The Odyssey Of the Arabic Language and Its Script
BY: Habeeb Salloum/Contributing Writer
The Arabic language is the youngest of Semitic idioms which include Aramaic, the Assyro-Babylonian tongues, Ethiopic, Hebrew and South Arabic like Sabean and Himyaritic. However, it is the nearest to the original archetype, ‘Ursemitisch’, from which all these tongues are derived.
Arabic, as we know it today, developed from the language of the Quraysh (the Prophet Muhammad’s tribe), the purest and the best evolved of the North Arabian dialects. Today, it is the most widely used Semitic tongue, surpassing all the others in its wealth of synonyms, harmonious patterns, concision, clarity and eloquence. It has succeeded in bringing out the potentialities of the Semitic family of speech to a higher stage of development than any of its kindred tongues – most of which are now dead or almost dead.
Modern Arabic has not undergone significant phonological or syntactical change in its literary form. Even though there are a myriad of dialects in the Arab-speaking world, fusha, a simplified version of Qur’anic Arabic, unites the people. It is the written language of all Arab lands, used in newspapers, schools, television and radio.
The Arabic alphabet is simple and concise. It has 28 letters, all consonants – with the exception of three used for long vowels. The other vowels are supplied by 14 diacritical marks which also serve as noun and verb modifiers. These are placed above or below the consonants to bring out the correct pronunciation of the words.
As to the Arabic script, there is still some dispute as to when it was developed. Some writers indicate that its origin can be traced back to some 4,500 years, but well established archaeological records only go back to the 4th century A.D. These indicate that the Arabic script evolved from Nabatean, a direct descendant of Aramaic which is itself the offspring of a Proto-Semitic alphabet – an early script, developed between the 18th and 16th centuries B.C., which also is the ancestor of all the European and, with the exception of the Chinese, Asiatic alphabets. Early after the advent of Islam, Arabic writing evolved into two types of scripts. Kufic, developed in the Iraqi city of Kufah, has now largely been discontinued except for architectural design purposes. It lends itself admirably to ornamentation and is still employed extensively in art and construction throughout the Islamic world.
The second, called Naskhi, a cursive script transcribed in a great variety of artistic styles, originated in Mecca and Medina. Noted for its beauty, it is the ancestor of modern Arabic writing and exists today in many complex and decorative patterns. Both forms are noted for their elegance and artistry, lending themselves to the creation of exquisite aesthetic works.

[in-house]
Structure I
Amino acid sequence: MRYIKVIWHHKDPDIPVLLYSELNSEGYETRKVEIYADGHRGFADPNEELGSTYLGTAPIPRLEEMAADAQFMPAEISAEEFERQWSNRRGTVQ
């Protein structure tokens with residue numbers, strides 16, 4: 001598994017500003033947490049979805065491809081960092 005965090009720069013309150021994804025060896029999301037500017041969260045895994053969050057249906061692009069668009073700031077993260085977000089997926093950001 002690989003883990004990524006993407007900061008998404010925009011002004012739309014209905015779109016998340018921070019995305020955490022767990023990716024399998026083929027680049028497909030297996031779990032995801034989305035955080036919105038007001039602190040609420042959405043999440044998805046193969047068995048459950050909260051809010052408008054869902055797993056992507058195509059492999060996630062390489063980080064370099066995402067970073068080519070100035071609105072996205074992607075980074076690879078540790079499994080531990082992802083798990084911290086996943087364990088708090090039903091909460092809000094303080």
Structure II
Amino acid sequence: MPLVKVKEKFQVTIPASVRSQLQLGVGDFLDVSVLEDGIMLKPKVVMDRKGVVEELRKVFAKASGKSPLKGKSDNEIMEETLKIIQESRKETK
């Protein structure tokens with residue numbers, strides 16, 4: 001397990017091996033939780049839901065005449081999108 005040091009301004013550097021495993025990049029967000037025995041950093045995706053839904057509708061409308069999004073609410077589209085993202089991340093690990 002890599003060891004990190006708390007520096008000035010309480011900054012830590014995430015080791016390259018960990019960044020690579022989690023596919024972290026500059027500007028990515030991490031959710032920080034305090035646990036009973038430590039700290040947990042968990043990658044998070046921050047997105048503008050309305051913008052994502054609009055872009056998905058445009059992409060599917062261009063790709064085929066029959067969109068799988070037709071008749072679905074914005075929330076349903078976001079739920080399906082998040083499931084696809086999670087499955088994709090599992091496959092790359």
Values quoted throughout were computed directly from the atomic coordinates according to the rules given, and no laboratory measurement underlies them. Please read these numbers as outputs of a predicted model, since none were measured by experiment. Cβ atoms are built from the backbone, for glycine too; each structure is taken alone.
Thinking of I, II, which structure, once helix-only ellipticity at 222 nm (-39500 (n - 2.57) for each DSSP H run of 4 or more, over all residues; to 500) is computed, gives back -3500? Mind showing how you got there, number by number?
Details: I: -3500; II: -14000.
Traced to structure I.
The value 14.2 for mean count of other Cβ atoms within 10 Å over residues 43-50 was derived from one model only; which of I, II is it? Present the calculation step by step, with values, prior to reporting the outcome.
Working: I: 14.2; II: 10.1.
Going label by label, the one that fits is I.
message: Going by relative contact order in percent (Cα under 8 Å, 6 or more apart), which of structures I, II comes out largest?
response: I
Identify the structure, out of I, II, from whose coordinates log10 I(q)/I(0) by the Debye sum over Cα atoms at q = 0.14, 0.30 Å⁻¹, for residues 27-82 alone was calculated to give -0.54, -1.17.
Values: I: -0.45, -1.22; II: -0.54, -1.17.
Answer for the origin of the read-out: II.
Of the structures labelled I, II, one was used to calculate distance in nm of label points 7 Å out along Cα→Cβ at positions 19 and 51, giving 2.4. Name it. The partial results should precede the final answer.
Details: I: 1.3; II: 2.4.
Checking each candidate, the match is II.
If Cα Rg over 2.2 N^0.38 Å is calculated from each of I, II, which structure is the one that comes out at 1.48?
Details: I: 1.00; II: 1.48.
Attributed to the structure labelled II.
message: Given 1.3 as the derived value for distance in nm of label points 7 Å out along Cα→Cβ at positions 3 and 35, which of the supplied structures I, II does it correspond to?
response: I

In the 7th century, Arabic, immortalized in the language of the Qur’an, and Islam became inseparable. As the Muslim armies moved through North Africa, then through the Iberian Peninsula and eastward, from the Arabian heartland, to the heart of Asia, the tongue of the Arabs as a part of the new religion, spread like wildfire. The masses of newly-converted Muslims, in many cases, took as their own the idiom of the conquering desert men. In a few decades, it became a leading world language and the intellectual medium which united most of the civilized world.
The spectacular conquests of the Arab armies made Arabic the language par excellence of Islam and the Qur’an, and the only suitable tongue with which a Muslim could approach God. No one who became a Muslim could escape, at least, some use of Arabic. Neither Greek, Latin nor any other language ever attained world stature as did classical Arabic – a language well-suited to interact with other idioms. Joel Carmichael in his book The Shaping of the Arabs writes:
“The possibilities in Arabic for the use of figurative language are endless; its allusiveness, tropes and figures of speech place it far beyond the reach of any other language… Arabic loses on translation but all other languages gain on being translated into Arabic.”
The enormous expanse of conquered territory, by far surpassing that of all the ancient Semitic empires combined, gave Arabic a world stature, not attained by any other language except, perhaps, English, in our time. By the eleventh century Arabic was widely spoken and written by all cultivated Muslims from the heart of China to the borders of France, displacing the old literary languages like Aramaic, Coptic, Greek and Latin. It became the language of art, culture, the intellect, science and technology of the entire scholastic world, aiding in the establishment of an Islamic civilization which was to become one of the greatest the world had ever known.
In addition, not long after the early conquests, the Arabic script began to be adopted by the languages of the people who had been converted to Islam. In a few centuries, Kurdish, Persian, Pashto, Turkish, a number of tongues in the Indian sub-continent; and languages like Berber in North Africa and Spain began to utilize the Arabic script. Soon its embracement by a great number of non-Arab Muslim tongues formed a cultural boundary which demarcated the Islamic world from other lands. Travellers, once they crossed this frontier, would know at once that they had entered another world.
Later, a good number of the Malayo-Polynesian dialects, the vernaculars of the Muslim peoples in West Africa like Hausa and in East Africa, Somali and Swahili; some of the languages of Central Asia like Tadjik, Tartar and Uzbek; and in the Indian sub-continent such idioms as Kashmiri, Punjabi, Sindhi and Urdu; and a few Slavonic tongues in Europe, adopted the Arabic script. The language of the Qur’an also influenced the grammar of other languages like Hebrew which began to employ some of the Arabic linguistic approaches and terminology.
The use of the Arabic script was well established in all Muslim lands until contested by the Spanish Reconquista and later by modern colonialism in Asia and Africa. With the European conquerors came missionaries and colonial administrators who, in the main, looked with disfavour on the Arabic language and its script. They reasoned that by doing away with the Arabic alphabet, the language of the Qur’an would become incomprehensible to the people, dividing them from their brother Muslims – hence, easier to control.